New realities enhance historical and medical studies

Posted on Thursday 25th July 2013

Staff and students from the School of EECE have been conducting investigations of field-based Augmented Reality (AR) in Devon recently where, amongst other examples, they recreated the experience of a World War II Spitfire preparing for taxiing within the remains of a dispersal pen at the long-abandoned RAF airfield of Harrowbeer, near Yelverton. EECE PhD student Yuqing Gao is currently researching novel ways to improve location tracking and virtual object registration techniques to support effective mobile AR technologies as, despite impressive marketing claims, current commercial products fall far short of an acceptable markerless-based experience when taken out of the laboratory and into the field. As well as witnessing the real-world problems of AR first-hand, aided and abetted by another School PhD student Jamie White (seen in the image holding an AR marker in the freezing northerly Dartmoor wind!), Gao’s first trip to the British countryside demonstrated the future challenges her research faces having selected as her AR project focus the ruins of Longstone Manor, originally built in 1500 and abandoned in 1895 just before the area was flooded to produce Burrator reservoir.

Since the summer of 2012 the Human Interface Technologies (HIT) Team’s Digital Healthcare and Heritage activities have been gathering significant pace. One hitherto unexplored link, which came to light after the Virtual Wembury and HMS Amethyst projects of last summer, relates to how we can exploit digital reconstructions of real-world locations not only to provide hospitalised patients with rich interactive experiences, but also to encourage individuals and groups from all walks of life to venture out and to experience the benefits the real natural world has to offer. Specifically, the Team is now engaging with a number of conservation, healthcare and heritage groups to investigate how we can achieve this by endowing the real world with rich, discoverable, virtual cultural and historical artefacts, made accessible using appropriately-fielded VR and AR technologies. The Team also believes that such digital environments, when presented to individuals and groups using appropriate interactive formats at appropriate venues (real-world or online), can also encourage cross-generation and cross-community engagement and thus help to uncover information, assets and narratives that would have otherwise been lost to future beneficiaries.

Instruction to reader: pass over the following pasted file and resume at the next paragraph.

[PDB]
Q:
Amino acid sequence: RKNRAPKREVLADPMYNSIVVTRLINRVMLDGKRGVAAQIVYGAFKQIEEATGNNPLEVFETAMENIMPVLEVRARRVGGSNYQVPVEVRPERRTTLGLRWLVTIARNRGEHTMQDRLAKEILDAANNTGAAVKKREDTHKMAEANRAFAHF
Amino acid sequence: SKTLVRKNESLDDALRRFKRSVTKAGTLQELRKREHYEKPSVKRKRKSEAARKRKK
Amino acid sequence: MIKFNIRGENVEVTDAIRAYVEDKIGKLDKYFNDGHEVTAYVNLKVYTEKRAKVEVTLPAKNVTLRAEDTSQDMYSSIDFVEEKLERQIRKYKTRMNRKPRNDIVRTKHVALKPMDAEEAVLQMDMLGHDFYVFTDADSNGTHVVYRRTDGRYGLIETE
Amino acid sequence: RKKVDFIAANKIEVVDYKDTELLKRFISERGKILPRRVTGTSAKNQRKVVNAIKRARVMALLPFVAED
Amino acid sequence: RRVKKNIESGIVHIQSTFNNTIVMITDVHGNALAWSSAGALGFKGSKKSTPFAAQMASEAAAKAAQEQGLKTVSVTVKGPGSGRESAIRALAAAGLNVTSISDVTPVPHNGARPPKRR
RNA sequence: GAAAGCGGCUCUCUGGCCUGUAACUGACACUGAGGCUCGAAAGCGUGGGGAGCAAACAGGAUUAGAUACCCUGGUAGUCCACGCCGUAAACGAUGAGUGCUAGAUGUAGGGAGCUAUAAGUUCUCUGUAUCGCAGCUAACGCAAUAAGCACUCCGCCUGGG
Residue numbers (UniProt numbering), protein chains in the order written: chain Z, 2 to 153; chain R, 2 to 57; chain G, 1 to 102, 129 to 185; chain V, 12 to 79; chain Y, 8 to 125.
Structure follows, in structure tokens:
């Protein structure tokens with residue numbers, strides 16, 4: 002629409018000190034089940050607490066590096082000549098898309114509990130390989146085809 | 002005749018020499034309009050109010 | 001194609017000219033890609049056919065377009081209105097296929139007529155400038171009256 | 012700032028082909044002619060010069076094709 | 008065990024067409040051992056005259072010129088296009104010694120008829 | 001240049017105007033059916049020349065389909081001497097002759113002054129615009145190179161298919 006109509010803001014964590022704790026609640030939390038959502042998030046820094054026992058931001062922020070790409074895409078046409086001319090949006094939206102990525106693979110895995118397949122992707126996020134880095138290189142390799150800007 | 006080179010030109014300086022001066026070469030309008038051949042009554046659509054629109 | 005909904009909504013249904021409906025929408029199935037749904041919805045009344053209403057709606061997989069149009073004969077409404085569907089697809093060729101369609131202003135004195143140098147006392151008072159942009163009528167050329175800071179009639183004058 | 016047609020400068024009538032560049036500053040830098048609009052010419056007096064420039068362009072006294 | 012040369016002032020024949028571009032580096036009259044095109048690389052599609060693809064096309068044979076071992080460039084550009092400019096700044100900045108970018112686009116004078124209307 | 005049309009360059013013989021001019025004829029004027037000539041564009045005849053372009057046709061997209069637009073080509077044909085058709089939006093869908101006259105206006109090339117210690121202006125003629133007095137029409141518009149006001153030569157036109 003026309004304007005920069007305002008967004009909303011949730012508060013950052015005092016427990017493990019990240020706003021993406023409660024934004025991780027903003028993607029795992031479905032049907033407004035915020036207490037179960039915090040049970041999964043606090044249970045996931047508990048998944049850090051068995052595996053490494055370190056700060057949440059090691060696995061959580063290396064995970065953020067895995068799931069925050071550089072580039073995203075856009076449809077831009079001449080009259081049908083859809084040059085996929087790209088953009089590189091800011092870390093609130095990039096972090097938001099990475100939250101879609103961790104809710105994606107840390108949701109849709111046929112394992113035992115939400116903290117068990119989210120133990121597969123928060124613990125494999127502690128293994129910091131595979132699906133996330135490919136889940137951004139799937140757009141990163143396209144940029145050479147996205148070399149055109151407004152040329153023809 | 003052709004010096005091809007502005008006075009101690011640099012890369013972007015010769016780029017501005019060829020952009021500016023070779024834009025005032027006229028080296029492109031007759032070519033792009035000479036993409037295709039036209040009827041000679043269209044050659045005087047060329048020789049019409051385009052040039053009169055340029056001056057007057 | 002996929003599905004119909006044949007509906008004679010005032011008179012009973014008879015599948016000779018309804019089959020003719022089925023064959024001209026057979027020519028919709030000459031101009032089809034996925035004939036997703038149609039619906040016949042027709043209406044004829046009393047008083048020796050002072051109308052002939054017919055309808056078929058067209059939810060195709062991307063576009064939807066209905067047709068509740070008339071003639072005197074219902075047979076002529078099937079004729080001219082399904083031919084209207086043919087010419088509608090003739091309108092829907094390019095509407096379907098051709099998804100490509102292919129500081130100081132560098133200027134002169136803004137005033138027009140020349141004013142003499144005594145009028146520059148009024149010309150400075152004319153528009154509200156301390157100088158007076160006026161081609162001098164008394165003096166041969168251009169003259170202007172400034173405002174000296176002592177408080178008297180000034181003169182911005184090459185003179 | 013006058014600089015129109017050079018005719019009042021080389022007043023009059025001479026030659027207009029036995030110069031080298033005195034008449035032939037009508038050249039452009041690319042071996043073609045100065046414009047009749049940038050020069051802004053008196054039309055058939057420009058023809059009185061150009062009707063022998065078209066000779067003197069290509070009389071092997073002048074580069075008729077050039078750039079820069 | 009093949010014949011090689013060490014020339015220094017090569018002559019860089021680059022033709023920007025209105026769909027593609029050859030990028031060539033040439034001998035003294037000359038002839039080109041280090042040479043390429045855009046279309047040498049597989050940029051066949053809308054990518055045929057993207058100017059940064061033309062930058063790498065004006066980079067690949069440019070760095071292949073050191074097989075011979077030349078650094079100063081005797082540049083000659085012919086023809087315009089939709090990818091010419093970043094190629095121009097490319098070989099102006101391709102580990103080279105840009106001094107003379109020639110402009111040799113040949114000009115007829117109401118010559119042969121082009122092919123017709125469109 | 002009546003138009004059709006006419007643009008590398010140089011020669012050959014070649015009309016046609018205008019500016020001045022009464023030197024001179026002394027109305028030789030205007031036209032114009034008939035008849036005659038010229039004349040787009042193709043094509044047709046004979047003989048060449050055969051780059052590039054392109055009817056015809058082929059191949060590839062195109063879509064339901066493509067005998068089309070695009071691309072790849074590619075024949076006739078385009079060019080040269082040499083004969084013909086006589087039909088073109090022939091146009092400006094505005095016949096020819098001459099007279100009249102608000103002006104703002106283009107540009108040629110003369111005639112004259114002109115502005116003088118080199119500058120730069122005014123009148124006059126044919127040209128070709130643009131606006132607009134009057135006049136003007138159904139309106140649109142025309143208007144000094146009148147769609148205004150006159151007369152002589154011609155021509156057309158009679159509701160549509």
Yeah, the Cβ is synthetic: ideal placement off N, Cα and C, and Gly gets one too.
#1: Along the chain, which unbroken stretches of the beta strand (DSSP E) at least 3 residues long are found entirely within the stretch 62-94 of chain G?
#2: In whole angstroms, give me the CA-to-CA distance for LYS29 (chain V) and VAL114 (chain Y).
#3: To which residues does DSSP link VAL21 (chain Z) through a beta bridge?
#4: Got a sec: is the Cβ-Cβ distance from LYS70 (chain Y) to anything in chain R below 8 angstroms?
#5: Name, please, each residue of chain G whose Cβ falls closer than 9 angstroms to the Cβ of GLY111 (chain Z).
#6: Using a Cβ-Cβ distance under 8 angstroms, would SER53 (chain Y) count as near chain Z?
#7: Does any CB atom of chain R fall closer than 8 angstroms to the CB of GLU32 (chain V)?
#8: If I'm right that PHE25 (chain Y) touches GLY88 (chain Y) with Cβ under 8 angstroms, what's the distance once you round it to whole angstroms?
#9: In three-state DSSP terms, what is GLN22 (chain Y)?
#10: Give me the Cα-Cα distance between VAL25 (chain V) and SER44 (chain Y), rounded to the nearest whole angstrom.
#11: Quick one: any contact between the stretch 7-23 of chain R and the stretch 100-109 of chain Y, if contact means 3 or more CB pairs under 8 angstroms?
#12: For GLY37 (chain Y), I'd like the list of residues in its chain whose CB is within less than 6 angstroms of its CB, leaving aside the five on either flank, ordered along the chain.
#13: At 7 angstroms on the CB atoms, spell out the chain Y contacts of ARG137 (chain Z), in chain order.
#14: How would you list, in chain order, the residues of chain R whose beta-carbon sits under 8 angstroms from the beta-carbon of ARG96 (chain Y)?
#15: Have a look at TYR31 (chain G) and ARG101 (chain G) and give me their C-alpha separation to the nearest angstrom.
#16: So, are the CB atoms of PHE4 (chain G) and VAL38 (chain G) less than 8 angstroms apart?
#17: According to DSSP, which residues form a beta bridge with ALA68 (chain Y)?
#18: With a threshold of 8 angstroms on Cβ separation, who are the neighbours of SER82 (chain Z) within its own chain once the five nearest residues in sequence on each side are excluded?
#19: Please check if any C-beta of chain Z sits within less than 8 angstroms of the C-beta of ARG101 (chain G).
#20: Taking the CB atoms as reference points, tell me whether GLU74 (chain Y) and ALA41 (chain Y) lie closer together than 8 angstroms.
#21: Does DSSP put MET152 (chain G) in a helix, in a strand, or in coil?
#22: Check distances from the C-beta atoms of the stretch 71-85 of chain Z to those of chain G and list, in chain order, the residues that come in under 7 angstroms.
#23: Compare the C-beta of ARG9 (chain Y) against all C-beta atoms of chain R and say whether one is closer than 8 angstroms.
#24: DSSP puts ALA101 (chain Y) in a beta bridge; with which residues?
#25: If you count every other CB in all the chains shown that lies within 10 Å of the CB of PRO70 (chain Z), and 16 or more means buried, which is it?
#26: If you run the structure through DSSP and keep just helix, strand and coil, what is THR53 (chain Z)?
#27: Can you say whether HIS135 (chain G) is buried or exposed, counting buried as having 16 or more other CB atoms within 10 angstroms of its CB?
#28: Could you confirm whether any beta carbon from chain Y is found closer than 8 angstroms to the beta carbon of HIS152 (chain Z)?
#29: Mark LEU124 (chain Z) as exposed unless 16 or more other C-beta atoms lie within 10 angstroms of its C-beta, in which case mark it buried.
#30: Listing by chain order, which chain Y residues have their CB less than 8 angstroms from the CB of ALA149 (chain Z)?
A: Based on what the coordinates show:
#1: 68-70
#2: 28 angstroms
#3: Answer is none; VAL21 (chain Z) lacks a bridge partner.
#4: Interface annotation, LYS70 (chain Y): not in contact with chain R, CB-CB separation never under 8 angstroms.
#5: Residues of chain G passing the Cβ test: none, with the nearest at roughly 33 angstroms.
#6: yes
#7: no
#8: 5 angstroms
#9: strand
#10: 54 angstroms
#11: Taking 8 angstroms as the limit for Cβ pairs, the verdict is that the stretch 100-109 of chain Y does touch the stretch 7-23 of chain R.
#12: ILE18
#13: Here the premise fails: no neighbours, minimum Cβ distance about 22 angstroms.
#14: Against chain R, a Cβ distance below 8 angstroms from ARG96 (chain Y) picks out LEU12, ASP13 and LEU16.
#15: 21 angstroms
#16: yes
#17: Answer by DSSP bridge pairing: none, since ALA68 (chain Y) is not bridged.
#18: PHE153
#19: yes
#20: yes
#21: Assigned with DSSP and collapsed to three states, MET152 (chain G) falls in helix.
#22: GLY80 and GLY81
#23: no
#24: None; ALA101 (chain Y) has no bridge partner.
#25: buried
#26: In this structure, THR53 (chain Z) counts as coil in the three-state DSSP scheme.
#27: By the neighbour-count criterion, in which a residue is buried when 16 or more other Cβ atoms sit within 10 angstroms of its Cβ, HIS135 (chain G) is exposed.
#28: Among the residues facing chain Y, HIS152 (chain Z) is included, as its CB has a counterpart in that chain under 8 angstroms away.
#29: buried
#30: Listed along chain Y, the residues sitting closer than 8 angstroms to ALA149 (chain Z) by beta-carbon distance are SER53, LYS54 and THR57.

As well as generating excellent journal publication and conference presentation opportunities, two websites detailing some of the team’s activities in South Devon are now live (www.virtualburrator.net and www.virtual-wembury.net). Meetings have been held with the Dartmoor National Park Authority and South West Lakes to discuss future projects and grant applications, including an exciting multi-beam echo sounder survey of part of Burrator Reservoir to generate data suitable for an interactive 3D reconstruction of the once inhabited areas of the valley region prior to its flooding in 1898. Other projects involve the virtual recreation of two historic maritime events in Plymouth Sound, separated in time by nearly 200 years. The first is a reconstruction of a vessel called the Maria. Purchased by a carpenter called John Day in the 1770s for £340, this 31-foot wooden sloop entered the history books as being host to the first recorded submariner fatality.  The second is based on an event that took place in September 1965, when two British Sub-Aqua Club divers, Colin Irwin and John Heath, spent a week living within a 2-ton, 3.7m long and 2.1m diameter cylinder called GLAUCUS at a depth of 10.7m (35ft), just off the Plymouth Breakwater. One of the aims of this project was to demonstrate that living in underwater habitats could be achieved on a much smaller budget than that being expended at the time by, for example, Jacques Cousteau’s Conshelf Project team.